Starknet Decentralized Protocol V - Checkpoints for Fast Finality

This series of posts started with an introduction, followed by a concrete candidate for leader elections, a discussion of consensus, and finally our thoughts about proofs in the protocol. This post focuses on using checkpoints (in the context of dual-ledger design) for fast finality. In this context we also recommend the prescient Ethereum research post on checkpoints using recursive proofs.


Starknet’s current architecture can be summarized as follows:

  1. The sequencer constructs a blockchain by periodically creating Starknet blocks from user transactions.

  2. The prover periodically computes proofs of state transitions according to execution of many Starknet blocks with respect to Starknet’s previous L1 state.

  3. Each L1 state update occurs in two steps, where the first is followed almost immediately by the second.

  4. A proof is sent to an L1 verifier contract.

  5. An L1 state update transaction is sent to Starknet’s core contract. It executes successfully if the L1 verifier has verified a suitable proof and the proof’s input state coincides with the previous L1 state.

There is usually a latency of several hours between creation and propagation of a Starknet block on L2 by the sequencer, and the block’s L1 finalization (inclusion in an L1 state update).

While the sequencer and prover are operated by the same entity, users can trust the operator’s reputation that every Starknet block published on L2 will eventually be proven and updated on L1. In other words, users trust the operator not to fork. Assuming such trust, the latency between L2 propagation and L1 finality is significant only for L1/L2 operations e.g withdrawals.

An obvious step toward decentralization would involve replacing the single sequencer with a Sybil resistant consensus protocol. In such a scenario, we assume confidence in L2 consensus to be much smaller than confidence in L1 security, which is Starknet’s eventual security. Without trust, latency between L2 consensus and L1 finality is significant to user experience because it marks the latency of L1 security and L1/L2 interaction. This justifies a fast finality gadget which has a latency of several minutes at most and also inspires greater user confidence than the L2 consensus by itself.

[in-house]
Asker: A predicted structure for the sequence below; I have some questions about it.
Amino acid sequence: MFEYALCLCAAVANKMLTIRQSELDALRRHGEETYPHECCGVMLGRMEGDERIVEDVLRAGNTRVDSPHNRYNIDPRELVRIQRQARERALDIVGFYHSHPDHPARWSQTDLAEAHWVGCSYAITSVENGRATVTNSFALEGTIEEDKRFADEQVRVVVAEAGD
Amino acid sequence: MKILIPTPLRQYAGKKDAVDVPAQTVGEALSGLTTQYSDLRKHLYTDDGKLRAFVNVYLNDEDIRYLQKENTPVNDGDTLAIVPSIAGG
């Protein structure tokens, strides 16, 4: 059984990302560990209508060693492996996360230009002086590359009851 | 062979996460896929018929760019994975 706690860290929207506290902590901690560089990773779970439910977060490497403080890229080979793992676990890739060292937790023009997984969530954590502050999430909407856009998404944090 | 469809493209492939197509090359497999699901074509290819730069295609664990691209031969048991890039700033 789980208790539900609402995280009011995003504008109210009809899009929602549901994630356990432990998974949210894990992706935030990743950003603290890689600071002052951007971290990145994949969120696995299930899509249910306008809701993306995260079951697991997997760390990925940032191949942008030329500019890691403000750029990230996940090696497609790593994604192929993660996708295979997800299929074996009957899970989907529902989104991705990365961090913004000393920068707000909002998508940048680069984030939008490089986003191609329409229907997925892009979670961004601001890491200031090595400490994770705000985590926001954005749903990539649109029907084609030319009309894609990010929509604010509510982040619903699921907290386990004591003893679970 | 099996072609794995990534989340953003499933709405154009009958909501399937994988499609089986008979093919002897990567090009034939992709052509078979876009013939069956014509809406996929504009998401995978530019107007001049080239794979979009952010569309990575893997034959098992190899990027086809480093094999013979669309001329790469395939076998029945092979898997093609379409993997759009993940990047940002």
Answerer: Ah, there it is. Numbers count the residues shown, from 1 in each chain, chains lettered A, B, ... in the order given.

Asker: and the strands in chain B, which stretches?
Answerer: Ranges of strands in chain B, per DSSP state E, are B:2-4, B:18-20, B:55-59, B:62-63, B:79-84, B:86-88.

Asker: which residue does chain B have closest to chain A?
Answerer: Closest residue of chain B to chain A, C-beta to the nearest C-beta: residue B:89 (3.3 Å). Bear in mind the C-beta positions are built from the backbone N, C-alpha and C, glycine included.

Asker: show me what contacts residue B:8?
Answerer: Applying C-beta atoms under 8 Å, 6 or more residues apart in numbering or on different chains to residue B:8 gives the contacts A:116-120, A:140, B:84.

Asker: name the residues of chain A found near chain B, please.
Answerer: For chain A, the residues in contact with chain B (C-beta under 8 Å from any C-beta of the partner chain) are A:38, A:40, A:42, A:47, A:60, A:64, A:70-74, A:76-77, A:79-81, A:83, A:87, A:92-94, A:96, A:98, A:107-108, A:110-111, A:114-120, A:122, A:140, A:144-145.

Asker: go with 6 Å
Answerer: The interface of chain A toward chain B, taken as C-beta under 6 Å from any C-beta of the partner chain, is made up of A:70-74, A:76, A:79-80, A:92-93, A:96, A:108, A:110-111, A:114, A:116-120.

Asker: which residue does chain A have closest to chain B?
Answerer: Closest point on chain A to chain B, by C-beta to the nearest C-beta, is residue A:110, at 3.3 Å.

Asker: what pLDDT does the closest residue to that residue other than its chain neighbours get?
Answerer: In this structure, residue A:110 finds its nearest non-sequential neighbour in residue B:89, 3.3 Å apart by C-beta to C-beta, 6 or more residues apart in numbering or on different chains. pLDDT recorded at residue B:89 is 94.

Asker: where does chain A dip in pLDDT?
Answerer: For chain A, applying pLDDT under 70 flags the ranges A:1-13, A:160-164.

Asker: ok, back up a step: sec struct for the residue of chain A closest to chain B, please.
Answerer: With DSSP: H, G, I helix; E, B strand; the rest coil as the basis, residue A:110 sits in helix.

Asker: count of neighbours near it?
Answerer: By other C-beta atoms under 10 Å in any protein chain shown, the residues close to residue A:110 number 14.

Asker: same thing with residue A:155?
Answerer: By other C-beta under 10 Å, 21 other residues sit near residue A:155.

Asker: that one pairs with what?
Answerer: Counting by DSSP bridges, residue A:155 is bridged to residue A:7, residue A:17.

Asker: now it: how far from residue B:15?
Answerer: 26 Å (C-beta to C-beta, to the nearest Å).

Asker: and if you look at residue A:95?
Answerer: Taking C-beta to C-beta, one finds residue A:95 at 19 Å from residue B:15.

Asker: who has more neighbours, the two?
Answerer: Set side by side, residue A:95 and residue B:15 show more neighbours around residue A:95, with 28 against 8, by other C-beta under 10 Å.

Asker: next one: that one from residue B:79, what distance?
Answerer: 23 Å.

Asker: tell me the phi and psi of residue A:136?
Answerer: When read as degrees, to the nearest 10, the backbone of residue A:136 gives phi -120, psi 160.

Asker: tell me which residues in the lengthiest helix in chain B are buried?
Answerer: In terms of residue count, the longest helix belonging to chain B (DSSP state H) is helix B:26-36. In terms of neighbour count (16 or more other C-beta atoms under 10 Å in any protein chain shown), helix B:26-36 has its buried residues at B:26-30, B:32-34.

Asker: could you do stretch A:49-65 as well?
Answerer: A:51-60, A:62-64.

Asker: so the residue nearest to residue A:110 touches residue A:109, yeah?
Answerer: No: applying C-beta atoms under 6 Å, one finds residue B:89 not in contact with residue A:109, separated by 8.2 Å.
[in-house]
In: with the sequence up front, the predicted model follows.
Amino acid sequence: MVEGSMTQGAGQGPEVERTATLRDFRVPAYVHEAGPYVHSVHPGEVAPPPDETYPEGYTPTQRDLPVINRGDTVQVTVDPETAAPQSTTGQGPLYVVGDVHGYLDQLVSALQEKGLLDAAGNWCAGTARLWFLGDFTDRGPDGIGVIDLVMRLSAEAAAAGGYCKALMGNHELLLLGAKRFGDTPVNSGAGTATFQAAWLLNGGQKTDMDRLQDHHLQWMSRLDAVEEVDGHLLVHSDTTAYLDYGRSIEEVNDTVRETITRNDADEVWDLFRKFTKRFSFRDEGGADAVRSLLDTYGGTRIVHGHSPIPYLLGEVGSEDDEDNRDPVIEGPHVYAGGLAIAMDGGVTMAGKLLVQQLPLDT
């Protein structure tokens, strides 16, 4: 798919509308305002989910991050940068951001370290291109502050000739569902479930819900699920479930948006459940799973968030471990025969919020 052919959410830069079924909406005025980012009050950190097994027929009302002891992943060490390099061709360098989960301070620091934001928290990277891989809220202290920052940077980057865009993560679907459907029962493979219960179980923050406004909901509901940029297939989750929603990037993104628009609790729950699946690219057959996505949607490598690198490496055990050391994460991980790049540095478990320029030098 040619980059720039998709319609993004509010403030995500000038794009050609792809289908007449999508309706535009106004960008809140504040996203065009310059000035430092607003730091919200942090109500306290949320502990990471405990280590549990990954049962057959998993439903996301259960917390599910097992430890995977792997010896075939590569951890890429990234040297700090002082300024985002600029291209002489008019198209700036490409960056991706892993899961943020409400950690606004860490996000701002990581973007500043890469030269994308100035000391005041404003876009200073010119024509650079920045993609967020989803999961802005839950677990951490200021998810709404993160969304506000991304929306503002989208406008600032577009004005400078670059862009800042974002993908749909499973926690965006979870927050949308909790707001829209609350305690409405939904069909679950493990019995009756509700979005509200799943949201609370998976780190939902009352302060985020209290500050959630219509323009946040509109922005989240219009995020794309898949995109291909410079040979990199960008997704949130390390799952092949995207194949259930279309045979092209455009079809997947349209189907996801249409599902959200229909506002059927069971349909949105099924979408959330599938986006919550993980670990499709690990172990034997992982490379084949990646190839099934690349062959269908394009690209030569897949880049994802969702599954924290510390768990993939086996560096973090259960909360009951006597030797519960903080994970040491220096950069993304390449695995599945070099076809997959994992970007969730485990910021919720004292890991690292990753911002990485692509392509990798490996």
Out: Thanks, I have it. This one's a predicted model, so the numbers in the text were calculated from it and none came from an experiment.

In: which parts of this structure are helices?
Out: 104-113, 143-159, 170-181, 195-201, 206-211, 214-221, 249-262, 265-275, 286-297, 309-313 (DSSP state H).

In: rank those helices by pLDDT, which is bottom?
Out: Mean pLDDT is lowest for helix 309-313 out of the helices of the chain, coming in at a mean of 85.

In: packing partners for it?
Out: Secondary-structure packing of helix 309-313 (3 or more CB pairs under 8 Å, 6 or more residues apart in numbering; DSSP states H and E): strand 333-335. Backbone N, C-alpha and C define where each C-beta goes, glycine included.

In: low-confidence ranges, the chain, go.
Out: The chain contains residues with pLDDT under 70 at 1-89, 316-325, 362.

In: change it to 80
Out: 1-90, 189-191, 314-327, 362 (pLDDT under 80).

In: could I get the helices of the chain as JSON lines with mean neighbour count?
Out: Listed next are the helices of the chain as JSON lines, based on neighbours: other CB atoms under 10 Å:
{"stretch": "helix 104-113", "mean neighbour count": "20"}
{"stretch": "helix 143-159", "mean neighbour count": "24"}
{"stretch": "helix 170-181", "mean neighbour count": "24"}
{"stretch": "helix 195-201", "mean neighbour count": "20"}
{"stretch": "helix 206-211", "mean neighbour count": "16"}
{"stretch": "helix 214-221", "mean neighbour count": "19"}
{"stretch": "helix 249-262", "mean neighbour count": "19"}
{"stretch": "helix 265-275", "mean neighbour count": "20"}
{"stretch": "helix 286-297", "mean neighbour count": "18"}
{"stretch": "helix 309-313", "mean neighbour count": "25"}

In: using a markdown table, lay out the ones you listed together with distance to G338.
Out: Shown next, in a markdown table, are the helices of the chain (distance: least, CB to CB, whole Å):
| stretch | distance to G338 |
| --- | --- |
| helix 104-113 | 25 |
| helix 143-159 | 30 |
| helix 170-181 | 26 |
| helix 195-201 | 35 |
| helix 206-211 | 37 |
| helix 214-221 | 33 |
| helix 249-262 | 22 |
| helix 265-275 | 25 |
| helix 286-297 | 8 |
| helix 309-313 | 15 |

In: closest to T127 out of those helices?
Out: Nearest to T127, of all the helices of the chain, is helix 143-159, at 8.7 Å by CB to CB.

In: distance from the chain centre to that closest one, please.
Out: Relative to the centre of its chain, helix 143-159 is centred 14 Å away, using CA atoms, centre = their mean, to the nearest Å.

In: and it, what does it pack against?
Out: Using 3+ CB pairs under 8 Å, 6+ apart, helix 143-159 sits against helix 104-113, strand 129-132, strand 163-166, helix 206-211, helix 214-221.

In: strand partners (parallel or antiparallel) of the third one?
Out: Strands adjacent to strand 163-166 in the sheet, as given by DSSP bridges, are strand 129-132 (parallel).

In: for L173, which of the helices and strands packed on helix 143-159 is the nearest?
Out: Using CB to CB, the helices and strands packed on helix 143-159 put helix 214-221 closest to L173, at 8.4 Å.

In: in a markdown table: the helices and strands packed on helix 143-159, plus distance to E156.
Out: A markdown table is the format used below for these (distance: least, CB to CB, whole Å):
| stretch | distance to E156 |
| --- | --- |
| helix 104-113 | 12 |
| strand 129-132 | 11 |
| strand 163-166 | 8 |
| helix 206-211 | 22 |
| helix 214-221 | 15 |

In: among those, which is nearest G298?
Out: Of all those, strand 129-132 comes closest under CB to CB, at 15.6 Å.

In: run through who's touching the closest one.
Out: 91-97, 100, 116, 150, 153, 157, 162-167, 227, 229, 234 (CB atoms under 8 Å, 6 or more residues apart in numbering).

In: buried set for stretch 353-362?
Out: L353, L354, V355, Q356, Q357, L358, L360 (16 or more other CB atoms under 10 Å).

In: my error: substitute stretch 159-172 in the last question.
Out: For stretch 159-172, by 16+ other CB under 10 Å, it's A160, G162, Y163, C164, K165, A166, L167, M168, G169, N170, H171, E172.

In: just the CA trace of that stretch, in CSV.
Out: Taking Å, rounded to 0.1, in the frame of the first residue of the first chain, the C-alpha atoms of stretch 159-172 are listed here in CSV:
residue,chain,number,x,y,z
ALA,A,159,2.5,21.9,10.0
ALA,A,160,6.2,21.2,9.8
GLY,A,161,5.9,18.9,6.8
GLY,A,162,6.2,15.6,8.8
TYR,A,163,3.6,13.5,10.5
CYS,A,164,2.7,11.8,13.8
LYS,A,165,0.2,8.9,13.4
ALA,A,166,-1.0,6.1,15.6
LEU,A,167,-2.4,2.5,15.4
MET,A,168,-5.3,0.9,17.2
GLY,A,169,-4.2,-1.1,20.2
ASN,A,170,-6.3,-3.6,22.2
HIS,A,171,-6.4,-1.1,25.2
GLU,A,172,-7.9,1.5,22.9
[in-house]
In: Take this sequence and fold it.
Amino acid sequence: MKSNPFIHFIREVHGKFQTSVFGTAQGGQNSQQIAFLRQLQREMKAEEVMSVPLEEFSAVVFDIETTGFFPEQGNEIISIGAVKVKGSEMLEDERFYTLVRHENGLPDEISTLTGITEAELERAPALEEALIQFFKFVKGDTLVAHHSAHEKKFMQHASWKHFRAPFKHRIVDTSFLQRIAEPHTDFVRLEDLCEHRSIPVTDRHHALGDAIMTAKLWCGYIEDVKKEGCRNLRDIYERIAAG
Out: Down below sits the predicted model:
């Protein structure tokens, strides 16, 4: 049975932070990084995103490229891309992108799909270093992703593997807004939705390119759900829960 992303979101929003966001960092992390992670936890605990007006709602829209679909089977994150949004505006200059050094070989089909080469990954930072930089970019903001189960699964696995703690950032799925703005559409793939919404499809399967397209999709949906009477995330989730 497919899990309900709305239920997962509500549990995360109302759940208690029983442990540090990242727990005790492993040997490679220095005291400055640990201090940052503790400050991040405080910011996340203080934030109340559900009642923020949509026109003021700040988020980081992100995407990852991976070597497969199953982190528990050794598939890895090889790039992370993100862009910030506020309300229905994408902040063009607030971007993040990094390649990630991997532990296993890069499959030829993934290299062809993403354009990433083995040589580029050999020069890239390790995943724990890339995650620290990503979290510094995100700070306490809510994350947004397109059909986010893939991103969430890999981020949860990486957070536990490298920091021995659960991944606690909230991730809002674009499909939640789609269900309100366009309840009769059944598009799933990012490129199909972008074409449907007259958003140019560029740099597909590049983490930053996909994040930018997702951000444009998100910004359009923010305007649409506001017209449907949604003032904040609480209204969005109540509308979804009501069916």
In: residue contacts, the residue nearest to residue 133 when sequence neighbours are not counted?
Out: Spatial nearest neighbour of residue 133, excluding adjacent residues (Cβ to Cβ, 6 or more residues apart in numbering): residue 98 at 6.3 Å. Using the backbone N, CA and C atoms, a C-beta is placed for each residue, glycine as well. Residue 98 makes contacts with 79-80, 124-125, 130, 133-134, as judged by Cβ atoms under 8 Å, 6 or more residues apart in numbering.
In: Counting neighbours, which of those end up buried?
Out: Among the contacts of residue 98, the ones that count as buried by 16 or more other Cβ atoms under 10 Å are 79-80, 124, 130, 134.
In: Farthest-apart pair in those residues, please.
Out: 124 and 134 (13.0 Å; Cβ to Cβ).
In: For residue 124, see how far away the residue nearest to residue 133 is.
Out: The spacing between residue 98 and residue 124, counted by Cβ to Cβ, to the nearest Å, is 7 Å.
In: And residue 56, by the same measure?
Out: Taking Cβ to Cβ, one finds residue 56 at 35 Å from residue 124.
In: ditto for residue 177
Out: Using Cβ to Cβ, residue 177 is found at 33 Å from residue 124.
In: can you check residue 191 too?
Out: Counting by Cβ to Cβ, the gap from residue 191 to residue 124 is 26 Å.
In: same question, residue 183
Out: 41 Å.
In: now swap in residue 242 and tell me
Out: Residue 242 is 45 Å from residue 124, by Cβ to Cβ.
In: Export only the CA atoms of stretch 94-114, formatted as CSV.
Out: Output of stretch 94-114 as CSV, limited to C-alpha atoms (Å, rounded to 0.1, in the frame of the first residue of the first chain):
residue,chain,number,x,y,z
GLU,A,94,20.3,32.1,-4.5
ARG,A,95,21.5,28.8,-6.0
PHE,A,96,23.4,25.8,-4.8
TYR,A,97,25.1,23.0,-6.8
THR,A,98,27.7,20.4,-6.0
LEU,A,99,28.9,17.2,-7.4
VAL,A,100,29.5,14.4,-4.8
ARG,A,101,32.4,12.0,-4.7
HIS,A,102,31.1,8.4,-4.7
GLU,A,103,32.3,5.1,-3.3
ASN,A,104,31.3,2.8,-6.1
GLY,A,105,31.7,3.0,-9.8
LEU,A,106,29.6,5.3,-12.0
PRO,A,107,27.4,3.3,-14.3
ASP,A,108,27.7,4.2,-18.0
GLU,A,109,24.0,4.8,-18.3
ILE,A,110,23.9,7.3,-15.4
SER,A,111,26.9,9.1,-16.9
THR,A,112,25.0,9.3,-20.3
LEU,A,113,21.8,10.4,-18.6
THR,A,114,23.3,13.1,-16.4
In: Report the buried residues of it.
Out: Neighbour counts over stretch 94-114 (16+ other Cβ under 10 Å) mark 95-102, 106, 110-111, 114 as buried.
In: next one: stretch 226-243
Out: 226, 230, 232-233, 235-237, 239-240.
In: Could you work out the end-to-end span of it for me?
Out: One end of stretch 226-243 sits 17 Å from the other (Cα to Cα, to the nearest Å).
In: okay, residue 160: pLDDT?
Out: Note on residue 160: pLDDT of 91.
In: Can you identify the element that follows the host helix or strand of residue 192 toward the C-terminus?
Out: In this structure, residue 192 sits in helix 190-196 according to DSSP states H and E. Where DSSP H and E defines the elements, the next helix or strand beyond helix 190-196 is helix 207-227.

In the consensus post, the section on dual-ledger designs mentions a suspiciously similar finality gadget – checkpoints of the live ledger. In this post we expand our attention to eventual L1 state updates, and argue that checkpoints can be coupled with them to inspire even more user confidence. We henceforth assume checkpoints include a block-hash, a commitment to the state obtained by its execution, and a quorum certificate. The certificate certifies the information as indeed having been output by the consensus protocol.

Goal and target audience

Throughout this post, the goal of the checkpoint protocol is to quickly (!) make L1 state updates predictable: a few minutes after a transaction reaches L2 consensus, users should be confident of eventual finalization.

The target audience consists of all L2 nodes who maintain the state at the tip of the chain. This includes not only sequencers and other executing nodes, but also stateful non-executing nodes. Note each L2 node is assumed to have an L1 endpoint to track the L1 state of Starknet.

The primary example of non-executing nodes are Starknet full-nodes, characterized by actively participating in the L2 network alongside maintaining the state. However, actively participating in the L2 network is not necessary: it suffices to merely know the state (possibly alongside the relevant blocks).

State without execution?